Climbing roses don't climb in the same way as vines and beans. Instead of clinging to structures, climbing rose varieties grow long stems and canes that produce flowers. Train these stems by tying to a fence, arbor or trellis to create the climbing effect. Some climbing roses will grow as high as 20 feet. Roses grow well in temperate regions, which includes the eastern United States. However, some species are better suited to cooler climates, while some belong in subtropical regions such as Florida.
Buy a young climbing rose plant in a container from a garden store. Choose a variety that suits your area. For example, the University of Illinois recommends "Pink Pillar," "Blaze" and "Don Juan." Illinois ranges from USDA Hardiness Zones 4a to 6a, meaning these species will likely grow in many other eastern states with similar zone ranges.
Dig a hole large enough to house the rose plant's root-ball. Choose an east-facing area that gets at least six hours of sunlight each day. Make sure you have plenty of space for the growing roses.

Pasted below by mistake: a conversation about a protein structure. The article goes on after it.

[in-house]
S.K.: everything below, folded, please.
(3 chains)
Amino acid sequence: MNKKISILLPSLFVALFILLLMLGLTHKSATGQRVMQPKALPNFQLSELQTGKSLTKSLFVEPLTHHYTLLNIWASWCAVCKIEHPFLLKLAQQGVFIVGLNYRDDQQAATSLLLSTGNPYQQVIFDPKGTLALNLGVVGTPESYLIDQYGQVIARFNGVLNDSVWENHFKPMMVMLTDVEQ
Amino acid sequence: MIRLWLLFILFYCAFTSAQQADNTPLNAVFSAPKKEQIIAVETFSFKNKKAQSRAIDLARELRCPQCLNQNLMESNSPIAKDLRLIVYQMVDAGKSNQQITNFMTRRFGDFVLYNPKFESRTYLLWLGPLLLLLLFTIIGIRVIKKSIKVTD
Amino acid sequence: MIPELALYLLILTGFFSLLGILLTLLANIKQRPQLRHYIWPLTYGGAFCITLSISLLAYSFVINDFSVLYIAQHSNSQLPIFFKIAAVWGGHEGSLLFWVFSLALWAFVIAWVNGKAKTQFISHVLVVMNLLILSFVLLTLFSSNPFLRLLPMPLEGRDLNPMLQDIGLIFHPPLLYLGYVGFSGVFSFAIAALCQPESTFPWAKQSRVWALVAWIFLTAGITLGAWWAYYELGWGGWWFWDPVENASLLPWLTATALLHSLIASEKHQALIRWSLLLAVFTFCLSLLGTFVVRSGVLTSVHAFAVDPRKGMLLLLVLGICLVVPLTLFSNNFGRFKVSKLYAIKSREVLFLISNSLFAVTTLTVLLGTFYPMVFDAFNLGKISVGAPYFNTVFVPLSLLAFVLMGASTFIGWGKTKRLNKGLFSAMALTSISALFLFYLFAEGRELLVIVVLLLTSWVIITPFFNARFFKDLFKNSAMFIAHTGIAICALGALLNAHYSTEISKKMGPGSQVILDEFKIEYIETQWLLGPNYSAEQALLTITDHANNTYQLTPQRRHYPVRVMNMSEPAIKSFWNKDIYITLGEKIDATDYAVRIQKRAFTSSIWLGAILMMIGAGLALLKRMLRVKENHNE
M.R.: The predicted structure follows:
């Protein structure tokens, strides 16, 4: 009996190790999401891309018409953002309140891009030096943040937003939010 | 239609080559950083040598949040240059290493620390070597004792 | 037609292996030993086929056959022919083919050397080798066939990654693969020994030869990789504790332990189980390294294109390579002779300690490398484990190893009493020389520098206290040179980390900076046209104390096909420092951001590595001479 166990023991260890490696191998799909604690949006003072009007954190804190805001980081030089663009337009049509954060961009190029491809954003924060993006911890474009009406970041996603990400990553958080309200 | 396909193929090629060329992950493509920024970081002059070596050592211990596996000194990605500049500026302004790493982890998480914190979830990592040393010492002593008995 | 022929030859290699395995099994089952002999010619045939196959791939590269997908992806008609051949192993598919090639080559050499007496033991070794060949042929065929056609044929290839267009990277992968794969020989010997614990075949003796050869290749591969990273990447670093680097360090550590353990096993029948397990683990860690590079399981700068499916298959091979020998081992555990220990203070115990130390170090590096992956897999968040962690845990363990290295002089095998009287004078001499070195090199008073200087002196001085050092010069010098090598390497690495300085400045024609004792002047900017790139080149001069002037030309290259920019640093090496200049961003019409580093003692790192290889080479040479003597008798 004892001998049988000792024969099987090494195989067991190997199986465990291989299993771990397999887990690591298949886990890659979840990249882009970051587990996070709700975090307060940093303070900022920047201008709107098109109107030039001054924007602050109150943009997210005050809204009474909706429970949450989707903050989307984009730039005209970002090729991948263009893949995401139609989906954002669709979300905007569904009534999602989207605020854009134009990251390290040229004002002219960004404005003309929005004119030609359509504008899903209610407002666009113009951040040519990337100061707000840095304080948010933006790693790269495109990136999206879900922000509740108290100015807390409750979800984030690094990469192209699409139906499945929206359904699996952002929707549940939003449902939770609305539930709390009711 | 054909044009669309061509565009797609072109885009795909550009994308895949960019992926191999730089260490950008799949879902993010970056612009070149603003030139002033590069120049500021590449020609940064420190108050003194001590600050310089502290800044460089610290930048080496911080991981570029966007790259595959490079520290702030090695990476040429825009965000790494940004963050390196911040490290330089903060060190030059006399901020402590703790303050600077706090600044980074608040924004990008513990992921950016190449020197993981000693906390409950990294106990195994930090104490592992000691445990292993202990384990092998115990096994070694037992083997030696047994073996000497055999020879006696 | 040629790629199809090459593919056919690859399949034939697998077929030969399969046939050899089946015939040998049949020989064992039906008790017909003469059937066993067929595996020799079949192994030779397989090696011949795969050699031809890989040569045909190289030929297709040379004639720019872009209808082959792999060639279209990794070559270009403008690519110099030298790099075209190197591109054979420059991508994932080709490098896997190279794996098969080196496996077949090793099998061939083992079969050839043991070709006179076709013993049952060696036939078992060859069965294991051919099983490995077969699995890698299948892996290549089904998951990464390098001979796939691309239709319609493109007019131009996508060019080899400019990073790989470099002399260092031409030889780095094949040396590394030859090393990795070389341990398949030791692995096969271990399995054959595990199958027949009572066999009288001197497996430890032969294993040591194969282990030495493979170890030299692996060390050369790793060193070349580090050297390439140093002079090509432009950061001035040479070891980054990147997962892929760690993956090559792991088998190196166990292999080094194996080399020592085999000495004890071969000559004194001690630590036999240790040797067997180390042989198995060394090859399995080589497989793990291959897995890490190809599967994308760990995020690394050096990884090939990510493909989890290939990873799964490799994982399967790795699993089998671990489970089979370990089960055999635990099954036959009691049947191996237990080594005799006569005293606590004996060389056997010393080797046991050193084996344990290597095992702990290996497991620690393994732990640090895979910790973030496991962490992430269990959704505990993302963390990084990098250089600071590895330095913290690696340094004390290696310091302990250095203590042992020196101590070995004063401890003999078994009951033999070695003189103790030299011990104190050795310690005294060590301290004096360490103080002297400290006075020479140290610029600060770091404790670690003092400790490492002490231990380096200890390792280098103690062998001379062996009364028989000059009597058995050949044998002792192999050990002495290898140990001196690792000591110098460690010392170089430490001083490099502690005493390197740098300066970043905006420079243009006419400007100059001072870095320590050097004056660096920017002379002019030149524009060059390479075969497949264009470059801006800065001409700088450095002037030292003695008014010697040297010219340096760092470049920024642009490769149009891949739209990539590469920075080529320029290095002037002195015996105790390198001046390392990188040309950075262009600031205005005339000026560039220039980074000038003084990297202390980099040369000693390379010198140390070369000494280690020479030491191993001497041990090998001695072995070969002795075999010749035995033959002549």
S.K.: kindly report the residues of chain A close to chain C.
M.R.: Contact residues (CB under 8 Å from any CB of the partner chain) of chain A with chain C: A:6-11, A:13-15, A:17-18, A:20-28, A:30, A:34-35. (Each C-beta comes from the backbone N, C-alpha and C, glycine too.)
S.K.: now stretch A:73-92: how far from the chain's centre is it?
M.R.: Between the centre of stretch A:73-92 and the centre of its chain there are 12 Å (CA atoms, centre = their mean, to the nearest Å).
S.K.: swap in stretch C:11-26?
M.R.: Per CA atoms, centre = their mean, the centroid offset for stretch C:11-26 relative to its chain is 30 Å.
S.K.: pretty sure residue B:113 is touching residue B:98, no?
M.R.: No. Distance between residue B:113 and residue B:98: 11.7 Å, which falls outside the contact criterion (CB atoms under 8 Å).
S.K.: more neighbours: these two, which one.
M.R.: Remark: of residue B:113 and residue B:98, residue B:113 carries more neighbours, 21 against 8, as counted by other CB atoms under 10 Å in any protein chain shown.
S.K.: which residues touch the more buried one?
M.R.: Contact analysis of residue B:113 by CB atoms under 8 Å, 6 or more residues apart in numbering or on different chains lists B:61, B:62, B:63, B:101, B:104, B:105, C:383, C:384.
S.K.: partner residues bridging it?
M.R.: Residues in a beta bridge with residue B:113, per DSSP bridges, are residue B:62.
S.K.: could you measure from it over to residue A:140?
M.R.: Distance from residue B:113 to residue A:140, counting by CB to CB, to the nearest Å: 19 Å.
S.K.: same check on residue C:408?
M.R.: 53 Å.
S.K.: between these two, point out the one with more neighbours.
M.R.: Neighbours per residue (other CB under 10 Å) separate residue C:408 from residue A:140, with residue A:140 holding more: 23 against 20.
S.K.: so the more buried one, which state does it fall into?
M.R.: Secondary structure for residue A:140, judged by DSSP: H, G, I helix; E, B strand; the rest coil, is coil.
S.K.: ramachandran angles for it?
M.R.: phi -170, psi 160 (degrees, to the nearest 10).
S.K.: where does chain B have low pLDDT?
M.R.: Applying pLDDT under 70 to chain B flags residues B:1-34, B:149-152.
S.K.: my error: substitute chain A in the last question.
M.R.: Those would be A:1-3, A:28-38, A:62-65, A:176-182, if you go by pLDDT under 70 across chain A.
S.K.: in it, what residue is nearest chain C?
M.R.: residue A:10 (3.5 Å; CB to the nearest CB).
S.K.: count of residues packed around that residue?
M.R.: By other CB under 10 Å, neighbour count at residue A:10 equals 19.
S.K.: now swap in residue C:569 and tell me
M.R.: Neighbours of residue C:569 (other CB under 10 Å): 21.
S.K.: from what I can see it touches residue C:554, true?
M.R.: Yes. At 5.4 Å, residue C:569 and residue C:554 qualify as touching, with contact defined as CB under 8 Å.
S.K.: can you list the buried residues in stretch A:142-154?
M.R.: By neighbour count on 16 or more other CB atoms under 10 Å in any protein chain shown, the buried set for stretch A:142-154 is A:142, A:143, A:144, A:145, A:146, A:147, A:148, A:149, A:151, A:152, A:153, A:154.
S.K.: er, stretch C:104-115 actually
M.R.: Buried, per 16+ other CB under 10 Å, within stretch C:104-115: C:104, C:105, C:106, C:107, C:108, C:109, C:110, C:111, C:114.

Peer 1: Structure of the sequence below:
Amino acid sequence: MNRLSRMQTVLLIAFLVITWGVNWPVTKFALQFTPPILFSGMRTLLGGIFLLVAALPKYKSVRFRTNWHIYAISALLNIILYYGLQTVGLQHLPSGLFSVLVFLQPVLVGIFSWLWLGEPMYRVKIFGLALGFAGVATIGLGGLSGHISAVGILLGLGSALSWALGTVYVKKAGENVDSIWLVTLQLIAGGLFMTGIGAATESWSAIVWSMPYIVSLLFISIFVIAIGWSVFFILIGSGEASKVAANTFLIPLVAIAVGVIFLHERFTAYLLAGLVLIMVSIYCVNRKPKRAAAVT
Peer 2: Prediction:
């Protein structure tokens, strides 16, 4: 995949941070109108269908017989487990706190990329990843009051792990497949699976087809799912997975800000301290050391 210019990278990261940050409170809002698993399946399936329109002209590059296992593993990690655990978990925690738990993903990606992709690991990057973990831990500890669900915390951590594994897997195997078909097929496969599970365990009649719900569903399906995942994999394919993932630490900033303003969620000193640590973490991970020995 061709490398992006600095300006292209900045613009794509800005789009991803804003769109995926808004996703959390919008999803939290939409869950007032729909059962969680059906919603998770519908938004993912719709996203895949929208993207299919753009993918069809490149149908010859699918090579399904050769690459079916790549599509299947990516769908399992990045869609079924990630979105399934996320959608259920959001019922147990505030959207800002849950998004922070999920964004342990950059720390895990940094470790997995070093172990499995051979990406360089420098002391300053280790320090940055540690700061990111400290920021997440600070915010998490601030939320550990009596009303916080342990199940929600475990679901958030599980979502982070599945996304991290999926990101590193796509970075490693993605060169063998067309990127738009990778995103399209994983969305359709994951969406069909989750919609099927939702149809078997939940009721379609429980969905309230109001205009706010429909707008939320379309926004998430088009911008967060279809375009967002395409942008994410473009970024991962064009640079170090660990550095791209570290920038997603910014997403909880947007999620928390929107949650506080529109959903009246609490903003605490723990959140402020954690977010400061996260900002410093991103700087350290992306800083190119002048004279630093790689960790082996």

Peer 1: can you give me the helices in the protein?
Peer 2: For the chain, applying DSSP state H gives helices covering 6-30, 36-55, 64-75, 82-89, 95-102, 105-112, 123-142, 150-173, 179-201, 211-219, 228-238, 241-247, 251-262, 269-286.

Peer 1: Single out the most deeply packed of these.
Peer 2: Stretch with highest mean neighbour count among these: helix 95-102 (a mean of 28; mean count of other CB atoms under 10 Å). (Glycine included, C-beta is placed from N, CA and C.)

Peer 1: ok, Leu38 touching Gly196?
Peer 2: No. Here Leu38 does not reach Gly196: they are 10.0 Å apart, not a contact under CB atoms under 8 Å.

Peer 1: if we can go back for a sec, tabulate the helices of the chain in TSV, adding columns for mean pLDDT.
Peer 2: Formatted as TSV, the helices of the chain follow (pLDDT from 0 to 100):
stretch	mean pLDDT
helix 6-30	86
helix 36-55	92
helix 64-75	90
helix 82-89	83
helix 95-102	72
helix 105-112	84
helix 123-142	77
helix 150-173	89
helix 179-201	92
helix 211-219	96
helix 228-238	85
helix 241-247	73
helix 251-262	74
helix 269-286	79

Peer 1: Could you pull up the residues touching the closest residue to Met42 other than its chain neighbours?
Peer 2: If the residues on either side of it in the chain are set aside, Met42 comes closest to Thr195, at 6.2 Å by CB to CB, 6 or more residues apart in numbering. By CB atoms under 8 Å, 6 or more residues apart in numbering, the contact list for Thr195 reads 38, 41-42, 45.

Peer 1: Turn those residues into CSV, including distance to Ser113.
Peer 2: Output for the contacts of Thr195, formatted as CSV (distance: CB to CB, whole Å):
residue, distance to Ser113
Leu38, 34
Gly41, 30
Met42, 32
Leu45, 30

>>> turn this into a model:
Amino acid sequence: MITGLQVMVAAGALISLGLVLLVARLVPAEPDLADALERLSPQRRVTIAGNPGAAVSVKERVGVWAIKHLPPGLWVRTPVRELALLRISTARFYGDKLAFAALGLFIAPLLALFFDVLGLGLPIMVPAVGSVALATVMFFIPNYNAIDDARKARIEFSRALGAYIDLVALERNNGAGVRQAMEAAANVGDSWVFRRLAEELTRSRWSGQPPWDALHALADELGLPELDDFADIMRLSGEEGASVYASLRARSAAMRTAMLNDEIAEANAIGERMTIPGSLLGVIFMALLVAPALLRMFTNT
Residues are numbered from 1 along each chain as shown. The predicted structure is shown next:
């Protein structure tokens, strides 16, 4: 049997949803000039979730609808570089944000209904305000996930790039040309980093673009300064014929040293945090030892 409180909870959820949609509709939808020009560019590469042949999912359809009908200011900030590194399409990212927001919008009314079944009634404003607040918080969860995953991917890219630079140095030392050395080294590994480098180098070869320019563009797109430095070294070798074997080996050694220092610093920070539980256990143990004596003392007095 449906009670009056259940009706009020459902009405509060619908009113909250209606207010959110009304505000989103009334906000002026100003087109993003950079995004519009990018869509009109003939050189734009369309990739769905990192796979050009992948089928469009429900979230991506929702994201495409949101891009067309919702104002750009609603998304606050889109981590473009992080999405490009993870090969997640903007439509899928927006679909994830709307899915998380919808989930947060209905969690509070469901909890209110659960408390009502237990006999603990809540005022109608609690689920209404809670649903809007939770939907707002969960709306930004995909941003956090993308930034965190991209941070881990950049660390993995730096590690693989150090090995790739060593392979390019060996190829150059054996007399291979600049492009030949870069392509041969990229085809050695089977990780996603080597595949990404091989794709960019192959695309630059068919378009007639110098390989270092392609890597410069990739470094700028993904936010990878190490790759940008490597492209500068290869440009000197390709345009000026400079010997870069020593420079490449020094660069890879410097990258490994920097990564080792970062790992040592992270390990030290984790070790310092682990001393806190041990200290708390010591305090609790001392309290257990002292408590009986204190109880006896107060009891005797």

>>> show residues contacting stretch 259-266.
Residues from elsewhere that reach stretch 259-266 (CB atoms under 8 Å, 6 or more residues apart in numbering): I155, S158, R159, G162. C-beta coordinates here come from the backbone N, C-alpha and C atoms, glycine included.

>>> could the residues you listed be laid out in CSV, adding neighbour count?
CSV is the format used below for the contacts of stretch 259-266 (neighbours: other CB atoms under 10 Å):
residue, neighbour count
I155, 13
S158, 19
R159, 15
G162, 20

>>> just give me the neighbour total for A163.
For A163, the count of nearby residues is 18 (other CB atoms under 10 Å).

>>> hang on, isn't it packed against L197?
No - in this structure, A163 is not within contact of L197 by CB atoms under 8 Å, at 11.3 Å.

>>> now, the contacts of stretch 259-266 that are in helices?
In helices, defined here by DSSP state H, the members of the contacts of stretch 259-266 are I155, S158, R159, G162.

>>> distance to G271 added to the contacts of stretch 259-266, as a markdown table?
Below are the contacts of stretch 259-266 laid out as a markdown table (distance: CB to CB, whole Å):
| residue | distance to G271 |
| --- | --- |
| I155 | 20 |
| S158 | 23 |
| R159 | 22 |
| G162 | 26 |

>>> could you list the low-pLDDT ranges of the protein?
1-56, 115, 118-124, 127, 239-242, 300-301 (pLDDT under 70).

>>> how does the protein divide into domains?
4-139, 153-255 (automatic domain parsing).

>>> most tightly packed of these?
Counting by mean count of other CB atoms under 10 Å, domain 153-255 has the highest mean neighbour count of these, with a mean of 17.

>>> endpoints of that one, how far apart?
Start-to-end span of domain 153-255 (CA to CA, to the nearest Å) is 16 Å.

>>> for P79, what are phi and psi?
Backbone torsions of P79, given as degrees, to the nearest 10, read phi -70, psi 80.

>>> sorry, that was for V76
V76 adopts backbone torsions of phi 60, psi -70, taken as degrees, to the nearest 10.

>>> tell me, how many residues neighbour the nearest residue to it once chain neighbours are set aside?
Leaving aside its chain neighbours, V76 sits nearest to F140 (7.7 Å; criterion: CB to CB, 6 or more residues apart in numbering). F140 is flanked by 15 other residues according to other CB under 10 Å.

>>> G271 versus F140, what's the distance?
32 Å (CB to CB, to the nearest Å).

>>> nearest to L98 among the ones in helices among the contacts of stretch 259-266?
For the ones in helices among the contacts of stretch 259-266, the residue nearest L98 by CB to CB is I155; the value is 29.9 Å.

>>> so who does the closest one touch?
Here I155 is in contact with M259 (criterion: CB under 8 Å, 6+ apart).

Mix in organic manure and compost to create a light, nutrient-rich soil. Most rose species are suited to slightly acidic soil with good drainage.
Set up your trellis or support wires 3 inches from a supporting wall to allow for air circulation. Alternatively, use a free-standing trellis or arbor positioned close to you rose plant hole.
Transplant a container-grown climbing rose to the hole in early spring, after your area's frost-safe date. In eastern states this varies from late April in Maine to late January in Tampa, Florida. Place the plant roots into the hole, taking care not to disturb the delicate roots. Press soil around the main stem when planted.
Water the ground around the rose deeply. Check the top 3 inches of the soil with your finger every day or two. Dry soil means you should water the plant again. Damp soil means the rose has enough moisture.
Allow to plant to grow for two years before pruning. Fix large or drooping growing stems to the support using string. Leave a space in the loop around the plant to avoid damage. Train the plant to grow in a vase-shape, with stems spreading out wider the higher they climb. Alternatively, train the rose stems along your chosen structure.
Prune dead or damaged stems from older climbing rose plants. Trim back canes each spring when the buds begin to form. Leave each stem with three to four bud eyes and take 2/3 off each of the longest canes.